The Alpha Xi Delta house on North Campus lights up its property to raise awareness for those with autism.

Courtesy of Christopher Hanna

The Alpha Xi Delta house on North Campus lights up its property to raise awareness for those with autism.

April 21, 2016

Greek Houses ‘Light It Up Blue’ for Autism Awareness

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Alpha Xi Delta and Theta Delta Chi are partnering to raise awareness for autism by encouraging Greek houses to “light it up blue,” according to organizers Lauren Clay ’17, Alpha Xi Delta Vice President of Philanthropy, and Christopher Hanna ’18, Theta Delta Chi Philanthropy Chair.

“Lighting it up blue around Cornell follows the tradition of landmarks and houses lighting it up blue across the globe for Autism Awareness Month in April,” Clay said. “We have offered every chapter blue tinted light bulbs and or a ‘Light it Up Blue’ yard sign to display at their houses.”

Alpha Xi Delta will also host fundraisers — including bake sales and its annual ‘Chill by the Grill’ barbecue — to raise money for autism research, according to Clay.

In addition to displaying the lights, some Greek organizations are engaging in community dialogue about autism.

“By discussing autism at our chapter meetings and in other casual forums, we have been able to reduce stigmas, answer questions and grow our support for individuals with autism as a community,” said Ayah Dweik ’17, president of the Delta Gamma sorority.

Greek leaders decided to adopt the ‘light it up blue’ initiative to increase Greek involvement in autism awareness, according to Hanna.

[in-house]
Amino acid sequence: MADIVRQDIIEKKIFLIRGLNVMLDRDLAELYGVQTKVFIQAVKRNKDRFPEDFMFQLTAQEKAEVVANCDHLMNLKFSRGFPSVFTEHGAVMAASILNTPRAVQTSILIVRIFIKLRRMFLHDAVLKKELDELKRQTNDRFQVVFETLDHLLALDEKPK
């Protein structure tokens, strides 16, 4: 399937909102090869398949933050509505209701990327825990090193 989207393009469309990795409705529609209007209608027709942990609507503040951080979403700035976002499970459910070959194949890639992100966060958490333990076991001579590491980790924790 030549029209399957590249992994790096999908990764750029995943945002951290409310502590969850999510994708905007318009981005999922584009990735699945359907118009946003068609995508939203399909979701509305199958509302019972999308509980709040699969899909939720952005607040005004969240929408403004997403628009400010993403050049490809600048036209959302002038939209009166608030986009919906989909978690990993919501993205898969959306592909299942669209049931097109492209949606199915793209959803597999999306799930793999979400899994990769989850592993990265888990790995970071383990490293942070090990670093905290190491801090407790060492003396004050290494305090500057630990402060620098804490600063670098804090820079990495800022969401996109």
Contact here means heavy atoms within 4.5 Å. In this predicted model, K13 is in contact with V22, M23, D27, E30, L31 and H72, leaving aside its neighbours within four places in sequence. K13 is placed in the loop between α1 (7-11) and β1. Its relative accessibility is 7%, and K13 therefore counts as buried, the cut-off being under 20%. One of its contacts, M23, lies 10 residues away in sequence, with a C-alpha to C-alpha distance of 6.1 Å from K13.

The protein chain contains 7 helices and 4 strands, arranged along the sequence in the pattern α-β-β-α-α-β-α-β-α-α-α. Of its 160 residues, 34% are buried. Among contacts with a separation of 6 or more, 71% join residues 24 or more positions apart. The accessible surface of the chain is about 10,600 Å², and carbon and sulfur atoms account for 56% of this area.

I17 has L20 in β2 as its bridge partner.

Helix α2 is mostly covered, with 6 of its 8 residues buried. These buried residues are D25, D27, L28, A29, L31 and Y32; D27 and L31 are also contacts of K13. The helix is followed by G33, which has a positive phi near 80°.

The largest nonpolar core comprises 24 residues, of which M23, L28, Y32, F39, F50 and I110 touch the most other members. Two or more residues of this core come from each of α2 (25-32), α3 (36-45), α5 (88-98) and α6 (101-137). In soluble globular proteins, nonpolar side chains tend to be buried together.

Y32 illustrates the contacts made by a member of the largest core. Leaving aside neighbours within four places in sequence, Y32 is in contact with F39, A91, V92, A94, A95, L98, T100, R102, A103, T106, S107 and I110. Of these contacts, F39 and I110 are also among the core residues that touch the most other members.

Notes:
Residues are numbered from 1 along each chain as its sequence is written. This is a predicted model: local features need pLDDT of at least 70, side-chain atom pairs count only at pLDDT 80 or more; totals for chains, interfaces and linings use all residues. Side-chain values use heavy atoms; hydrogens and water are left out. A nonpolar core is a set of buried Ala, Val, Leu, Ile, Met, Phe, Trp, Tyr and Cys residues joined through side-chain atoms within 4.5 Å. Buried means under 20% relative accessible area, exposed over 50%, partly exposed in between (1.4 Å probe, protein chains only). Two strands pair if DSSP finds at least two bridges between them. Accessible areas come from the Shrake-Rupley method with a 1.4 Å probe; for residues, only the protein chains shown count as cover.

“The chapters organizing this campaign believe that Greek community has a duty to promote autism awareness, inclusion and self-determination,” Hanna said.

Dweik added that Greek organizations have the potential to change campus dialogue about autism because of their “unique” position in the Cornell community.

“Although a majority of the student body is unaffiliated with a Greek organization, fraternities and sororities have a unique stake in influencing social norms and the social culture on campus, and we want that influence to be extremely positive,” Dweik said.

Dweik said she hopes campus conversation around autism will improve after the Greek houses hold dialogues and ‘light up in blue.’

“We are not only showing our support for individuals with autism, but we are working to make discussions about autism more common and socially accepted,” she said. “It’s been an interesting opportunity for me to learn more about autism and I have really appreciated seeing my sisterhood grow through our discussions.”

Phi Sigma Sigma, Kappa Delta, Pi Beta Phi and Phi Gamma Delta are also participating in raising awareness for autism, according to Hanna.

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